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Subject: Re: [Boost-users] Ranges to Collections
From: ÇÇ־ǿ (qiaozhiqiang_at_[hidden])
Date: 2011-06-06 22:31:29

Maybe you want make_vector() , make_list().

#include <vector>
#include <list>
#include <boost/range/algorithm.hpp>
#include <boost/range/algorithm_ext/push_back.hpp>

#include <boost/range/adaptor/reversed.hpp> // for test

template<class T, class SinglePassRange>
T make_container(const SinglePassRange& from)
        T c;
        boost::push_back(c, from);
        return move(c);

template<class SinglePassRange>
std::vector<typename SinglePassRange::value_type> make_vector(const SinglePassRange& from)
        return make_container<std::vector<typename SinglePassRange::value_type>>(from);

template<class SinglePassRange>
std::list<typename SinglePassRange::value_type> make_list(const SinglePassRange& from)
        return make_container<std::list<typename SinglePassRange::value_type>>(from);

int main(int argc, _TCHAR* argv[])
        std::vector<char> vector1;

        std::list<char> list1;
        auto vector2 = make_container<std::vector<char>>(vector1 | boost::adaptors::reversed);
    auto vector3 = make_vector(vector1 | boost::adaptors::reversed);
    auto vector4 = make_vector(vector1);

        auto list2 = make_container<std::list<char>>(list1 | boost::adaptors::reversed);
    auto list3 = make_list(list1 | boost::adaptors::reversed);
        auto list4 = make_list(list1);

        return 0;

> ------------------------------
> Message: 2
> Date: Mon, 06 Jun 2011 11:00:29 -0500
> From: "John M. Dlugosz" <mpbecey7gu_at_[hidden]>
> To: boost-users_at_[hidden]
> Subject: [Boost-users] Ranges to Collections
> Message-ID: <15775-1307376032-823667_at_[hidden]>
> Content-Type: text/plain; charset=UTF-8; format=flowed
> I like "ranges". When I first read the introduction to the ideas that would
> become STL, I
> did not like the use of begin/end iterators. Primarily, there is a possibility
> of getting
> them mixed up and the proposed library was explicitly not robust in the face
> of being
> passed bad parameters, such as not belonging to the same collection or not
> having the end
> after the begin. This was in direct contrast to the code I was promoting, which
> stressed
> API design that prevented errors from being possible, and strongly checking
> for everything
> else. The fact that they are not "functional" was harder to grasp exactly at
> the time,
> but it bothered me "in my gut".
> When I read about the Boost Range library and the C++0x adoption of the range
> concept, I
> felt this to be a long sought improvement and would dramatically improve my
> use of STL.
> Suffice to say, I'm a fan of Ranges. In new work, and in refactoring and
> improving code,
> I expect ranges to be one of the pillars of improvement. I'm sad to see that
> the draft
> standard dropped most of the range stuff (presumably it needs Concepts) but
> left in the
> intrinsic for-each loop. Anyway, the concrete compiler I have to work with,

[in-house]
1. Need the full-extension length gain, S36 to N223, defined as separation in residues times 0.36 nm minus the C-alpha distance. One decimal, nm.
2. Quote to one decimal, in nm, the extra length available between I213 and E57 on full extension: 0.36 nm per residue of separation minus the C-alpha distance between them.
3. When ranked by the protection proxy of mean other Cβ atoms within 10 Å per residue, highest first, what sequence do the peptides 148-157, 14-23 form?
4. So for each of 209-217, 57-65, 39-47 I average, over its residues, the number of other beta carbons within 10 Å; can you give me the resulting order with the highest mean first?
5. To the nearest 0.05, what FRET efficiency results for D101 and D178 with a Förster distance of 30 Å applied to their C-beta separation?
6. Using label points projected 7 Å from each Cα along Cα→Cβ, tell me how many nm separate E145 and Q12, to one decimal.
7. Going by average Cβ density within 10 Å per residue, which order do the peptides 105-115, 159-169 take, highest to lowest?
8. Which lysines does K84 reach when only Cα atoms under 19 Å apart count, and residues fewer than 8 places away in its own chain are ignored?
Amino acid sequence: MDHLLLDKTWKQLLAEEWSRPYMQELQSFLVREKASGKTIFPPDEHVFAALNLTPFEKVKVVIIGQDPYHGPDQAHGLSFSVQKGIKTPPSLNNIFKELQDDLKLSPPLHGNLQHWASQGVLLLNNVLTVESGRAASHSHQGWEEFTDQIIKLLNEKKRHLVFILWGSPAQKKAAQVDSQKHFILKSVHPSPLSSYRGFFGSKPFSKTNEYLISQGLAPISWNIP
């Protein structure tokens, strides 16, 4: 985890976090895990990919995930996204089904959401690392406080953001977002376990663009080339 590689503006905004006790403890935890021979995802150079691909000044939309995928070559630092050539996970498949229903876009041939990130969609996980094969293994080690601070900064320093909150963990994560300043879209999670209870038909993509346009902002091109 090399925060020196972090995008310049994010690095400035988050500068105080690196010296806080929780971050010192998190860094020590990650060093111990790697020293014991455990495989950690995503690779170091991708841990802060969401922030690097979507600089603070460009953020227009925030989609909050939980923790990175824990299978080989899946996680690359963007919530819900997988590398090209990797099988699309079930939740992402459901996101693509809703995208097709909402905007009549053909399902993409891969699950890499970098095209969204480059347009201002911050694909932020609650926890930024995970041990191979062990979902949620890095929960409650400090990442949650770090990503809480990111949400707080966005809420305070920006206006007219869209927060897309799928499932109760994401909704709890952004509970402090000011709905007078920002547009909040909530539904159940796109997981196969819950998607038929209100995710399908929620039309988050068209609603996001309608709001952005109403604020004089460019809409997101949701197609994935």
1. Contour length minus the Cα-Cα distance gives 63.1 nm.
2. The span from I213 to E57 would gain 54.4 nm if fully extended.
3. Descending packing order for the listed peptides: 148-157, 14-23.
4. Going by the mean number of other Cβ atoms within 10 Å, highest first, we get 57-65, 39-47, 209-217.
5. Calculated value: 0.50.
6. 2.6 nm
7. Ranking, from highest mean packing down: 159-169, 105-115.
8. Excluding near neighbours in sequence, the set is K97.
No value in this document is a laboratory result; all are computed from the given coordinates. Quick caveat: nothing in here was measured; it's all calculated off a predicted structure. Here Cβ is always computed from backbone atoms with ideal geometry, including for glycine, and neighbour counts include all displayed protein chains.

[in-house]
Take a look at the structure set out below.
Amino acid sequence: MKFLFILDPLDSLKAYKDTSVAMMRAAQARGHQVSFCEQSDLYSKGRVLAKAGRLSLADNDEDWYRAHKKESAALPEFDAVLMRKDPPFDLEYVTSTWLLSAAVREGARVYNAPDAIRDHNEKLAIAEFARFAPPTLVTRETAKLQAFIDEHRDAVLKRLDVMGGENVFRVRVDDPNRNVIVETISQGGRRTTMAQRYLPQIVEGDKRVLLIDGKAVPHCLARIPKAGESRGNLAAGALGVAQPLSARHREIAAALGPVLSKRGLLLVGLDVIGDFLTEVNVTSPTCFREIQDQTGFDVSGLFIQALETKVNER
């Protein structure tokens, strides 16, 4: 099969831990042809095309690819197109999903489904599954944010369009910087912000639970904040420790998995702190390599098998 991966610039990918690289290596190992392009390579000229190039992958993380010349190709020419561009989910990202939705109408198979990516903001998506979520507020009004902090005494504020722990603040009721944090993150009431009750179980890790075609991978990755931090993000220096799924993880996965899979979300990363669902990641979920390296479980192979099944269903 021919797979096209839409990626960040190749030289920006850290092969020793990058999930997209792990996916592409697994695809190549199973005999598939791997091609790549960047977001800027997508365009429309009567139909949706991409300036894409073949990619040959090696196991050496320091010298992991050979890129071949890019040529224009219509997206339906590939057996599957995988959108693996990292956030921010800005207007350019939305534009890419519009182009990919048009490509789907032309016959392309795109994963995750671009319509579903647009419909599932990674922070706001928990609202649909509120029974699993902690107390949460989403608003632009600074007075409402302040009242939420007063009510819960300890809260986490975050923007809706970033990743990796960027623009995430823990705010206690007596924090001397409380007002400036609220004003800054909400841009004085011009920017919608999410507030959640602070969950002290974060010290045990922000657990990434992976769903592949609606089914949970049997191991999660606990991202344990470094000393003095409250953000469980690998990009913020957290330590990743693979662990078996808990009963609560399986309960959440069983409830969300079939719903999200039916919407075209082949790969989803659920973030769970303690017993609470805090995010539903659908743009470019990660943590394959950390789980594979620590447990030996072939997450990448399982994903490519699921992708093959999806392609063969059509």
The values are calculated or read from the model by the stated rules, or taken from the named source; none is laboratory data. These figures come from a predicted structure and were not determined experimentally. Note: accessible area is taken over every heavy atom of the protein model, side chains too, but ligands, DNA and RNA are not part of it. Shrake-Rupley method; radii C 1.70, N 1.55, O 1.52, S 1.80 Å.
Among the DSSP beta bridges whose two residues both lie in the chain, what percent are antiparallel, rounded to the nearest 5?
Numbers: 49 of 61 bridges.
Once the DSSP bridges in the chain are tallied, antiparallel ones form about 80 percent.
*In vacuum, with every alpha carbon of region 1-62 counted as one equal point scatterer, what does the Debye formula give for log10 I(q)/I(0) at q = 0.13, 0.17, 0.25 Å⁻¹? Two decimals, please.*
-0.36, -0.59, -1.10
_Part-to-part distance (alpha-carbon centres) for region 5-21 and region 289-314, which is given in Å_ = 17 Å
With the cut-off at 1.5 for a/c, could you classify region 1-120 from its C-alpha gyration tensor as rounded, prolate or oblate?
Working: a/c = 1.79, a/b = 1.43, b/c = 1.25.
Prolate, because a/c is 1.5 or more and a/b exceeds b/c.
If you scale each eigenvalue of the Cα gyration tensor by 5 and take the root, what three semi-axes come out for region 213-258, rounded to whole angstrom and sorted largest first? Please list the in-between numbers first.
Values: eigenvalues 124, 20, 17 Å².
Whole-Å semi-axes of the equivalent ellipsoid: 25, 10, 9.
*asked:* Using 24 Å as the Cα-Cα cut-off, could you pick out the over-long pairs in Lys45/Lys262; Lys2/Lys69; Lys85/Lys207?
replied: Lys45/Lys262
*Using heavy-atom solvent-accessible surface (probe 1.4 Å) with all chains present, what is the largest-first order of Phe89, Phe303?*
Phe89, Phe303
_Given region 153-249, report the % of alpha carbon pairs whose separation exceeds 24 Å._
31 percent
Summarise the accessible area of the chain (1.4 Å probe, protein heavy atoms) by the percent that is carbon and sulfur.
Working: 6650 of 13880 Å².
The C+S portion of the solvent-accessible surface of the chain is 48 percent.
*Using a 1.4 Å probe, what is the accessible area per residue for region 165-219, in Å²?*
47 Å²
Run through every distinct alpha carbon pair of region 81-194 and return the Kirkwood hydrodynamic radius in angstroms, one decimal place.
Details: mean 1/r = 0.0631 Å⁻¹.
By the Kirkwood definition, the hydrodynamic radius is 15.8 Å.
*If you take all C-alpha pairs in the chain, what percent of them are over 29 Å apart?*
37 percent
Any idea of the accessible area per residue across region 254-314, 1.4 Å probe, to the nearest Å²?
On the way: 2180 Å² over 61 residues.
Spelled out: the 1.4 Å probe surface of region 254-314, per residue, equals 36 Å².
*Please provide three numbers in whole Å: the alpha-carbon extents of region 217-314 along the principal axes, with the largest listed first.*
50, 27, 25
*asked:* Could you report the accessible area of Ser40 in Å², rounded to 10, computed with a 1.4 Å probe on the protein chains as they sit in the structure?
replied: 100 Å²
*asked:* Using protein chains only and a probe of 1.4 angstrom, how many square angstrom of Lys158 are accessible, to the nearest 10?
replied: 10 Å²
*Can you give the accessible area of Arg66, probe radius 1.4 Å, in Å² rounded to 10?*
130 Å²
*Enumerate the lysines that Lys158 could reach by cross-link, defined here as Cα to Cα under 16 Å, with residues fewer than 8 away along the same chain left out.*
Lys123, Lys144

> Visual Studio
> 2010, doesn't include it. So Boost.Range to the rescue! Except... the
> standard
> containers like vector don't have constructors that take ranges.
> Consider something like:
> vector<string> retval (rangefunc | rangefilter);
> It really gets in the way to introduce a temporary variable of "some range type",
> but I
> see that the 'auto' feature comes to the rescue. I'm not used to having that
> available,
> so perhaps I'm over reacting.
> But, is there a way to bridge the gap?
> I take it patching the STL headers to add the missing constructors is frowned
> upon. But
> some syntactic sugar might get pretty close to that. First of all, what are
> people doing
> now? Maybe this has all be gone over before?
> I can see creating a derived class from each STL container. The sole purpose
> of that
> class is to have the range constructor, and then the resulting instance is used
> as the
> base class, passed somewhere or copied. So you might write, for the previous
> example:
> range_vector retval (rangefunc | rangefilter);
> and other code won't care about your derived class since it only existed
> district from the
> base class in order to add a constructor. In fact, a template might
> systematically do
> this to any class that has a constructor that takes two iterators:
> rangeit<vector<string>> retval (rangefunc | rangefilter);
> This is less than desirable in cases where you were not going to state the type.
> Say, a
> return statement or parameter, where you would ideally have an implicit
> conversion from a
> range to the collection:
> return (rangefunc | rangefilter); // give a "range" where collection is
> expected
> Could a helper template be written that has a simple name and doesn't need to
> be told the
> types involved?
> return range_to_collection (rangefunc | rangefilter);
> Perhaps this produces a temporary object that supports a templatized conversion
> operator,
> so it can continue when that is told the type desired. I can see a few
> approaches,
> depending on what the compiler would swallow. But, has anyone already done
> this?
> ?John

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